TK District to be Included in State Videos

TK Food Service Director Jessica Endres, middle school science teacher Shaun Davis and two sixth-grade garden club students were each interviewed and filmed recently for the videos which may be completed by the end of the year. 


In the last two months, videographers working for MDE, have traveled around the state to various schools to talk about the Farm to School initiative and ways schools are involved. TK was selected to be part of the video production since the district has participated in the program since it was a pilot program offered in 2016. 


The goal of the videos is to help educate people about the 10-cent initiative program for Farm to School, make other districts aware of how the program works, and encourage other schools to participate. The program provides schools with matching incentive funding - up to 10 cents per meal - to purchase and serve Michigan-grown fruits, vegetables and legumes. This year 138 school districts are participating. The state has approved ramping up funding from $575,000 to $2 million and making the program available to all schools in the state. 


Endres said participating in the program is not difficult at all. “We love it. It allows us to provide a variety of options for students.” She said the district uses Michigan fruits and vegetables as often as possible and tries to encourage students to try new foods.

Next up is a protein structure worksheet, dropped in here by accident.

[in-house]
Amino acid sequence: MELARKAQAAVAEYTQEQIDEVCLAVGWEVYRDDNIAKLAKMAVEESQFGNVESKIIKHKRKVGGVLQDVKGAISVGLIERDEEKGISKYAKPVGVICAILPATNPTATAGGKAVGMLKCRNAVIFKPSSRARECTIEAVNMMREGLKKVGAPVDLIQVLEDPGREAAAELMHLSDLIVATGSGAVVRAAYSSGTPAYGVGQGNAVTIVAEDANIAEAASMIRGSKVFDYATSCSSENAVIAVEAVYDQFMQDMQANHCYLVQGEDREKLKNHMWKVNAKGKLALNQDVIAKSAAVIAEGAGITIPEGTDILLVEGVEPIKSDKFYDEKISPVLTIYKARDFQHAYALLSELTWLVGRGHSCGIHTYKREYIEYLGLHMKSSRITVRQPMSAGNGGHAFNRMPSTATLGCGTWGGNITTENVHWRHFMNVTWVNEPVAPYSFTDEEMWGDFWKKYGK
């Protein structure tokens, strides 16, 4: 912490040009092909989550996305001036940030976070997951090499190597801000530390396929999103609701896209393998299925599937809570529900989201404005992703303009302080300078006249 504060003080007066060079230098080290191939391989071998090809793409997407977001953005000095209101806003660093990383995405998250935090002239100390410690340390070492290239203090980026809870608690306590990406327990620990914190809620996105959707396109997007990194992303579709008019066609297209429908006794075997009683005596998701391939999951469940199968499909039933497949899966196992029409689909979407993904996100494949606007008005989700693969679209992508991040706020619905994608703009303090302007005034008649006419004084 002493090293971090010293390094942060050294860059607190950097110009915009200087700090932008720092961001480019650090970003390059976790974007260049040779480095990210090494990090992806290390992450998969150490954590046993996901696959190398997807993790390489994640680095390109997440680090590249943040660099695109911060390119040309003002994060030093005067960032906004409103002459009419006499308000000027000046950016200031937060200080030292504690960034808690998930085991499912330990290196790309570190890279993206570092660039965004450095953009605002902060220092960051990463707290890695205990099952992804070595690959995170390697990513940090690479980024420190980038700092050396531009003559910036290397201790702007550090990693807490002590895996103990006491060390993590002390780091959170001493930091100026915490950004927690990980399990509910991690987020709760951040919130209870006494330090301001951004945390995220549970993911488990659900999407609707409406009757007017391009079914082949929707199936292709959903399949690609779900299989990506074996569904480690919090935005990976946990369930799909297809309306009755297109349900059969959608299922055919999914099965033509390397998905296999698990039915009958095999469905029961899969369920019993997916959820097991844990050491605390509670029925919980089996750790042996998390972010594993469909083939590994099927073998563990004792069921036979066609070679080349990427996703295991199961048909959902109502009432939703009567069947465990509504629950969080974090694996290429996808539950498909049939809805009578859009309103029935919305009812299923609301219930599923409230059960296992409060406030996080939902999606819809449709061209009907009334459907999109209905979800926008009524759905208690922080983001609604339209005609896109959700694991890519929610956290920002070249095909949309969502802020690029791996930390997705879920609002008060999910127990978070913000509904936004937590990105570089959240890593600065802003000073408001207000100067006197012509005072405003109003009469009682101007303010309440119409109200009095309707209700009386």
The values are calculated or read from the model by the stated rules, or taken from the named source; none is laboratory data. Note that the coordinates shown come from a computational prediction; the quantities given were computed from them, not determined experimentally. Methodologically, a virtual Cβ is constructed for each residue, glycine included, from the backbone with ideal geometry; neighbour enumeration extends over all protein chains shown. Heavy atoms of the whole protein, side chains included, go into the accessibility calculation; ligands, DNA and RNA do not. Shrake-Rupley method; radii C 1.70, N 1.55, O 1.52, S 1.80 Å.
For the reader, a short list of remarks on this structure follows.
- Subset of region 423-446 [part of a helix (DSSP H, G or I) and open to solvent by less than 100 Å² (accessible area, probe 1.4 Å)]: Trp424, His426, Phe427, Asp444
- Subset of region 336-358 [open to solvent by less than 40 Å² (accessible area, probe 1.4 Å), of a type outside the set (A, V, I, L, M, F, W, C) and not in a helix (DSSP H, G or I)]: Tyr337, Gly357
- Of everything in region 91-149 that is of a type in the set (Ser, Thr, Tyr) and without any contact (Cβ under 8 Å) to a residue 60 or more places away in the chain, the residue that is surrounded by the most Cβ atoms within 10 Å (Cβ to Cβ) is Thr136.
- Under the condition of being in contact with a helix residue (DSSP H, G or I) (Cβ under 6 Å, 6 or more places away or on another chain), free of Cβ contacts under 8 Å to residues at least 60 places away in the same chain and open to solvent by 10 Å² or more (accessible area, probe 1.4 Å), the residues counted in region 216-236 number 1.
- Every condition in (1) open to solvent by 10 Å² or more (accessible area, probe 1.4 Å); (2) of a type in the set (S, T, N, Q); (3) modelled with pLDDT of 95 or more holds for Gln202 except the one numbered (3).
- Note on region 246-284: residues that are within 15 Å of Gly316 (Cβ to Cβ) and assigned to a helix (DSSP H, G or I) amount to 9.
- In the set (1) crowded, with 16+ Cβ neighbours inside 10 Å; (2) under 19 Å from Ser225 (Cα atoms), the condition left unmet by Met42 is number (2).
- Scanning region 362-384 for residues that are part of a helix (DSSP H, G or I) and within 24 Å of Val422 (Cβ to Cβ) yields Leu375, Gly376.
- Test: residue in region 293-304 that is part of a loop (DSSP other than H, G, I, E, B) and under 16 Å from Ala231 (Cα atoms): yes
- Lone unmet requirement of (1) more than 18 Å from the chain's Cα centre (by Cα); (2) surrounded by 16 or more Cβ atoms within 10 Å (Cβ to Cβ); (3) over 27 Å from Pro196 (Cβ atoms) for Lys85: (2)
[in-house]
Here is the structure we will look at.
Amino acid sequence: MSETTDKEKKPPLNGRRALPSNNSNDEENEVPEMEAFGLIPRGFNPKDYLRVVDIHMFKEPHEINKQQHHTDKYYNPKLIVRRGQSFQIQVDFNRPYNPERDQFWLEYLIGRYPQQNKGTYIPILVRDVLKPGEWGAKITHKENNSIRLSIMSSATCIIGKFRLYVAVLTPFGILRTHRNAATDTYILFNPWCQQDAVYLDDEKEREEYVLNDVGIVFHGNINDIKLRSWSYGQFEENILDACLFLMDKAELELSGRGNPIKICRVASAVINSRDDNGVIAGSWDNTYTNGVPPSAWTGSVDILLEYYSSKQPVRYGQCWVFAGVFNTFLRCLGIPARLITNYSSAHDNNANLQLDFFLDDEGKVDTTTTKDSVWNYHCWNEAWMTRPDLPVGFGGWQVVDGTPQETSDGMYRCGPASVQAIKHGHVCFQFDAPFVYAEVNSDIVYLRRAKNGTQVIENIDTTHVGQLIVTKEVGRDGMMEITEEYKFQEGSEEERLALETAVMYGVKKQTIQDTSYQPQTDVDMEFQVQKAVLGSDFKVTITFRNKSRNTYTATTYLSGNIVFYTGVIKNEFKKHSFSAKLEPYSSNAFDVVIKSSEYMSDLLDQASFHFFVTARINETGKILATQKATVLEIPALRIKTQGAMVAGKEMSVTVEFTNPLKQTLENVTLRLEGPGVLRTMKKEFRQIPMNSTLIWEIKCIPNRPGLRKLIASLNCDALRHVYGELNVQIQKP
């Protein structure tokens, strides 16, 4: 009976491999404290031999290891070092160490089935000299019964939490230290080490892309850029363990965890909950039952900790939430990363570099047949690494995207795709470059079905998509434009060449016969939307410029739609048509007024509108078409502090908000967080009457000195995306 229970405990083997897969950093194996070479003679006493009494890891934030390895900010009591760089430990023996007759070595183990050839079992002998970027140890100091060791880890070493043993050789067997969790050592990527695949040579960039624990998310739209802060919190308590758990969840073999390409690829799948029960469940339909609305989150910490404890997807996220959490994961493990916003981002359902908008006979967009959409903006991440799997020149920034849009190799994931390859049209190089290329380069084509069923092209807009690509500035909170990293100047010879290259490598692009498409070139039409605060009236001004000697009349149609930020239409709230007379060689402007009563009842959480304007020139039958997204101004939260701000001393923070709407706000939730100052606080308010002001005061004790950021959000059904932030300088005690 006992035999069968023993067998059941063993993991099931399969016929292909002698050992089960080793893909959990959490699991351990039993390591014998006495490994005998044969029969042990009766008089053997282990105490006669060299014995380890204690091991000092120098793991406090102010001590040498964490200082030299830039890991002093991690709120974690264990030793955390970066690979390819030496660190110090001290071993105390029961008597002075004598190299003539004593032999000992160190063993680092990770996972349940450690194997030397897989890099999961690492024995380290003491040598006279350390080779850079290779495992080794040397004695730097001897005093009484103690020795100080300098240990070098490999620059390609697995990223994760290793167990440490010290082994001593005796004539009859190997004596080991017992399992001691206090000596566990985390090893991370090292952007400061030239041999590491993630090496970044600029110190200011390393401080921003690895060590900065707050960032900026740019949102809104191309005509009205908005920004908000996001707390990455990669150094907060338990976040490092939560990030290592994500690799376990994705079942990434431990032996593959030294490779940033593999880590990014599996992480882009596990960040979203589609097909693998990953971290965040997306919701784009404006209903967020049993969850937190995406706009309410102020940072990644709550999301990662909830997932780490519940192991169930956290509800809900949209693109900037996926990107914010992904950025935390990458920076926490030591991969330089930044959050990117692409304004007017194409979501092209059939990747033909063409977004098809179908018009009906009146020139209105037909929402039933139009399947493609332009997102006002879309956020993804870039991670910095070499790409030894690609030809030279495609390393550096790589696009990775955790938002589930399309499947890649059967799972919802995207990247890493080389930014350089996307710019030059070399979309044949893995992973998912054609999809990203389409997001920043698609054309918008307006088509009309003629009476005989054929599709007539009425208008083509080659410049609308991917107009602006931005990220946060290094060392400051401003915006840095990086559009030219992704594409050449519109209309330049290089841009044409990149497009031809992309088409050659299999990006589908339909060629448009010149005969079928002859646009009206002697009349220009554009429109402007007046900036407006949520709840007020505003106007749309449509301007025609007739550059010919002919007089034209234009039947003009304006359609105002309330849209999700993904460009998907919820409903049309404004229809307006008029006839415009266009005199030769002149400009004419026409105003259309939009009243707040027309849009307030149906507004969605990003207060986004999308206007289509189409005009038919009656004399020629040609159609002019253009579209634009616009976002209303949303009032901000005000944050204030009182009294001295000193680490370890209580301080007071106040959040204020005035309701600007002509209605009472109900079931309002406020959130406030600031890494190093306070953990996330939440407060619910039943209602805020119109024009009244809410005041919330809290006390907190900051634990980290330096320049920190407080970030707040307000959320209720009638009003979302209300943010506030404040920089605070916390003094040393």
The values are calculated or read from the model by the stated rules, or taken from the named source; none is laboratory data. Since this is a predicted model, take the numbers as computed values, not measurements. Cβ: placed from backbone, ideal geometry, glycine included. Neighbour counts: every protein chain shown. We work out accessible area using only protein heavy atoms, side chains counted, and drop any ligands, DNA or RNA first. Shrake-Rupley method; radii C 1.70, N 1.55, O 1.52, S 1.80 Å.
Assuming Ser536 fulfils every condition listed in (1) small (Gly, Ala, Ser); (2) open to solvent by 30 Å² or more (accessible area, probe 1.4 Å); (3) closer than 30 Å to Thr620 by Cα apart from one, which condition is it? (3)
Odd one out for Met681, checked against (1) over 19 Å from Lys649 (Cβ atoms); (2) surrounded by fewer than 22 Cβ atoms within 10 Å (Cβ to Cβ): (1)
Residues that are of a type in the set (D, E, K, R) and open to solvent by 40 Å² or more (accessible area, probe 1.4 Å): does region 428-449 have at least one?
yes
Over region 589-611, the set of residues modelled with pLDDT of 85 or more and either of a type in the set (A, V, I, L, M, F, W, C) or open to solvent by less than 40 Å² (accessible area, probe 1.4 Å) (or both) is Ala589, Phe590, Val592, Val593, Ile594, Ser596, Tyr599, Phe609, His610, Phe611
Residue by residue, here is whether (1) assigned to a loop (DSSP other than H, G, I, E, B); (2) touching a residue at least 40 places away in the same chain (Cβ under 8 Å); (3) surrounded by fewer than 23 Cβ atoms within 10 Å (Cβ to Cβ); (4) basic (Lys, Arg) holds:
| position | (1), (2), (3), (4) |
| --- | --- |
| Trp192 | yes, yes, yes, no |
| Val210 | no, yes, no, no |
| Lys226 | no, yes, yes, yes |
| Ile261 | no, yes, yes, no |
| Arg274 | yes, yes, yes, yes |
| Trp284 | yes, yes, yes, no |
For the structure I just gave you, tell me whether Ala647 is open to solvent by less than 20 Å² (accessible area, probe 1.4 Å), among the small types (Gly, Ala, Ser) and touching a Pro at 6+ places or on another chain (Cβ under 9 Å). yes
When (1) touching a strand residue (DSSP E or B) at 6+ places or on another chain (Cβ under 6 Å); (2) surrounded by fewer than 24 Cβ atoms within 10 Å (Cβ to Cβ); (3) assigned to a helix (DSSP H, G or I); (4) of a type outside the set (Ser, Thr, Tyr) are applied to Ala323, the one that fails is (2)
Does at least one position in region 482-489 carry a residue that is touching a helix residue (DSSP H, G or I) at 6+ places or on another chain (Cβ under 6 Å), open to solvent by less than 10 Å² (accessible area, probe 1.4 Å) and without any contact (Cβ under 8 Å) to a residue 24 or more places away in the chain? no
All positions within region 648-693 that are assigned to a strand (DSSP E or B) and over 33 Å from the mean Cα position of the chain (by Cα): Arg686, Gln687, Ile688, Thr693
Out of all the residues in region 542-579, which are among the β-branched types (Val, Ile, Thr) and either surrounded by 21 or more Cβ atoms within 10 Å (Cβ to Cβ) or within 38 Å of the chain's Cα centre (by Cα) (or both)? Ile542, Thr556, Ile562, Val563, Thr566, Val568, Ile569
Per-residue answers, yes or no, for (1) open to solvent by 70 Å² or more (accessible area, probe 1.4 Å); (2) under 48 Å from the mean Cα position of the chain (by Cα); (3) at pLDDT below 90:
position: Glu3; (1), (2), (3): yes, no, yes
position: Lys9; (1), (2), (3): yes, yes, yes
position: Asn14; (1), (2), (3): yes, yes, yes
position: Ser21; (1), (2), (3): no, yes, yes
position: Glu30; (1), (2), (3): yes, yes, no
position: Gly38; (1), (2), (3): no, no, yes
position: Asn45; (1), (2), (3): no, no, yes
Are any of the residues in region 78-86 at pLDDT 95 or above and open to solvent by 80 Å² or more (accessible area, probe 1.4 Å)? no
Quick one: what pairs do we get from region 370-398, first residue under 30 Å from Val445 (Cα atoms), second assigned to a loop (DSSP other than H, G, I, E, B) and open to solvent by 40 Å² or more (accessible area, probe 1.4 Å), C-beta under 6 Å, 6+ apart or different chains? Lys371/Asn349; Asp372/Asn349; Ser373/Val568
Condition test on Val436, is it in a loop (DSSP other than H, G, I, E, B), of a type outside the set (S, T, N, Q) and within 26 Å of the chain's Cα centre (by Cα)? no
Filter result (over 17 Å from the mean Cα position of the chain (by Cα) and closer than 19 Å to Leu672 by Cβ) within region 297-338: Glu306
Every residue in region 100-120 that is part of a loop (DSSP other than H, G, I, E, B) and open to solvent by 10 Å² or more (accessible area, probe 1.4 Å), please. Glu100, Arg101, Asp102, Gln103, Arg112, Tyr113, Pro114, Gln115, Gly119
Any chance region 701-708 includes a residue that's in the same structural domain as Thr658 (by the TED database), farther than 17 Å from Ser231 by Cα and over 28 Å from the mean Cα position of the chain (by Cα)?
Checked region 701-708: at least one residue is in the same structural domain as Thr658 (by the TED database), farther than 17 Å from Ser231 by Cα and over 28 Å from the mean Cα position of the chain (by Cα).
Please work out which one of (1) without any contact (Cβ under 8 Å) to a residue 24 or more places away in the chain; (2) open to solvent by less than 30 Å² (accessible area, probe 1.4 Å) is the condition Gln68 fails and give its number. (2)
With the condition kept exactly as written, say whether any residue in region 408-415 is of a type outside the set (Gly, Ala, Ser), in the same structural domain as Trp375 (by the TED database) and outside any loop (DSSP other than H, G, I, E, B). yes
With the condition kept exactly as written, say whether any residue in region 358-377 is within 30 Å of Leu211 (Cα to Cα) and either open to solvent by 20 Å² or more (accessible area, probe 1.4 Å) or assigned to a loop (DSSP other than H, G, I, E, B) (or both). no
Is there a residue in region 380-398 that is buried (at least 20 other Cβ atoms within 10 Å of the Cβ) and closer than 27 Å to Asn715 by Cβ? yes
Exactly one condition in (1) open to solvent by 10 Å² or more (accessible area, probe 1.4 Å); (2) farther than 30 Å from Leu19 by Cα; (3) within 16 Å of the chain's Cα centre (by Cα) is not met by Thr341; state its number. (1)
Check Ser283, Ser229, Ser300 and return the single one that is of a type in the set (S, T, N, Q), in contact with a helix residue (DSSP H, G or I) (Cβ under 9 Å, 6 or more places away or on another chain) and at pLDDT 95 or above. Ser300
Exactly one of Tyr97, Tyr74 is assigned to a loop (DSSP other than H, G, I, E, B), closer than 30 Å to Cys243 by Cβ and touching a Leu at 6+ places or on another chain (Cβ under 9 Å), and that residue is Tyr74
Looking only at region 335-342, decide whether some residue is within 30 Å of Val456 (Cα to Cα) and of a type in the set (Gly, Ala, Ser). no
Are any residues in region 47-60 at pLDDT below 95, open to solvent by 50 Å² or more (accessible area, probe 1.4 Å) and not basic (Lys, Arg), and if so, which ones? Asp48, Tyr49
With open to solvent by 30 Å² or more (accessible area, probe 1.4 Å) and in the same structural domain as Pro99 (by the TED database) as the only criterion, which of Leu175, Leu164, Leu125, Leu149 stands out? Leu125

She purchases the local foods through a variety of sources including local Farmers Markets, local groceries, Broadline suppliers, and Cherry Capital Foods, who sources Michigan-made products specifically. She also has used produce grown by the middle school garden club when it’s available


“When the kids are out there planting, growing and picking the items, they take ownership of it and are proud of it,” said Endres. “When we are serving something fresh, you can taste the difference. It’s a great way to introduce students to new foods and get them to at least try them.”


Shaun Davis is the middle school garden club advisor, taking it over just last year. He said the club participation varies throughout the year with a high of about 25 to 30 students. This summer the garden produced a variety of peppers, beans, zucchini, tomatoes, and watermelon.


“I want to get more kids involved and we want to start growing some vegetables indoors before the weather permits us to get outside in the garden,” he said. “Spring is the most exciting time when the kids get to decide what they want to plant and how much to plant.”


He teaches students about the soil and what different plants take out of the soil. He also talks to them about ways to keep the soil healthy for future crops. “I think it’s important for kids to learn where their food comes from and how it’s grown. It really gives the kids a sense of pride and ownership in the food we grow,” he said. 


Lillian Starin and Kaiya Beck are both sixth-grade students involved in the garden club. Beck said  she wants to be a chef someday and growing her own food is a fun way to use fresh vegetables and herbs in experimenting with her own recipes. 


“I’m especially looking forward to growing some herbs and spearmint,” said Beck. “I think the club is important because it helps our world and it’s a cheap way to provide your own food.”


Starin said she’s looking forward to planting strawberries. “I like picking the vegetables because I can eat them  right out of the garden,” she said.


In the 2018-19 year of the Farm to School program, participating schools purchased 93 different fruits, vegetables and beans grown by 143 farms in 38 Michigan counties.